The season that's in it: Monty Don's advice on how to plant apple trees
1. Find a sunny spot
Apple trees need sunshine and good drainage. Don't grow grass right up around them. Clear the grass for at least a 1m radius around them until the trees are as big as you want them to be, then you can let the grass grow back up to the trunk. Grass will take a lot of moisture and nutrients they need.
2. Plant more than one
Some apples are self-pollinating, but you should always plant more than one. There are eight groups of apples, numbered solely on when they produce their flowers. Number one is the first to blossom, eight the last. If you have two apples, one from group one and one from group eight, they won't blossom at the same time and so can't cross pollinate. Either have two of the same group or one from either side, so if you have a group three apple, have either another from group three or one from group two or four.
3. Learn how to plant new trees
Dig a wide hole no more than one spade's depth deep, loosen the hole and the sides, but don't add manure or compost. Plant the tree slightly higher than it is in the pot or, if it's bare-rooted, slightly above soil level, so it's on a tiny pyramid. Firm it in well, so it's planted in a slight cone, not a well – more trees die from being over-wet than too dry. Water it well, stake it and mulch it thickly with garden compost or wood chippings, to keep the weeds down and the moisture in.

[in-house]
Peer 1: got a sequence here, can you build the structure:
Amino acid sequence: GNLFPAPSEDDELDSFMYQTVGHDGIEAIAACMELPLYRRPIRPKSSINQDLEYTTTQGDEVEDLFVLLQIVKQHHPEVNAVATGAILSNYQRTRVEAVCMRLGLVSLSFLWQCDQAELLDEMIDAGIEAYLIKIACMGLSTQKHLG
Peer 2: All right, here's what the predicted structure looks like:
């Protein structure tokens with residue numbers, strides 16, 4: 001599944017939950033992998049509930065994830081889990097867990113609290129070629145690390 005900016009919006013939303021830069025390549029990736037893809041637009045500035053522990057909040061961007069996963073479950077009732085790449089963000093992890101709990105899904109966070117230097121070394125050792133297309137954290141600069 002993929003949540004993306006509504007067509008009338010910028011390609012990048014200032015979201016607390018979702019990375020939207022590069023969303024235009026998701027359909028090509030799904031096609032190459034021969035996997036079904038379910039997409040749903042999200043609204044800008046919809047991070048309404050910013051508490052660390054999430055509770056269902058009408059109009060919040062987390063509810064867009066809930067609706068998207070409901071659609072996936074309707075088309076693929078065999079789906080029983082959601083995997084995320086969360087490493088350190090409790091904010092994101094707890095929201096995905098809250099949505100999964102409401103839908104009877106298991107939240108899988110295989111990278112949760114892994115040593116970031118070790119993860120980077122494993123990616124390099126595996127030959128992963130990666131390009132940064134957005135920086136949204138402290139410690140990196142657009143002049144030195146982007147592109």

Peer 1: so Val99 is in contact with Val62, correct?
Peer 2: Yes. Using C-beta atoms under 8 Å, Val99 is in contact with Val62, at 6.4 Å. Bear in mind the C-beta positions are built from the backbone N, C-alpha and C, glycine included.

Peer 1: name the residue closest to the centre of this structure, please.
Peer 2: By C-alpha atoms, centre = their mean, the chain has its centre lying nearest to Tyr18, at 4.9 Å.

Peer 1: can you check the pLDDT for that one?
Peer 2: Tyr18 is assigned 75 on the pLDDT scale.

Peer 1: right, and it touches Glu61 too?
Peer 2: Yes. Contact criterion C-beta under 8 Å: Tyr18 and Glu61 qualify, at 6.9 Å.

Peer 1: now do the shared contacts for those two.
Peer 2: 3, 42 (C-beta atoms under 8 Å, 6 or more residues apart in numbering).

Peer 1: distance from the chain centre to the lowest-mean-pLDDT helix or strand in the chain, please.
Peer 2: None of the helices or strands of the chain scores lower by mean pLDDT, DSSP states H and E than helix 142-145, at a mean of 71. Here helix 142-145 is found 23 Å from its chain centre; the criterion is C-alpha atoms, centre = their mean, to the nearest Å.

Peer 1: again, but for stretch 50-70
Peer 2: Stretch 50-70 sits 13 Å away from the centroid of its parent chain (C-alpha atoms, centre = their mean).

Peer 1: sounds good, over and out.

4. Know when to prune
If you prune hard in winter, you will get lots of shoots coming back and none of those shoots will have any fruit on them. If you want to reduce the size of the apple tree, do it in summer. If you want to stimulate it to grow bigger, do it in winter. Almost all apples produce their fruit on spurs and the spurs only develop on wood when it gets to two or three years old.
:: Down To Earth by Monty Don is published by DK, priced £17.99.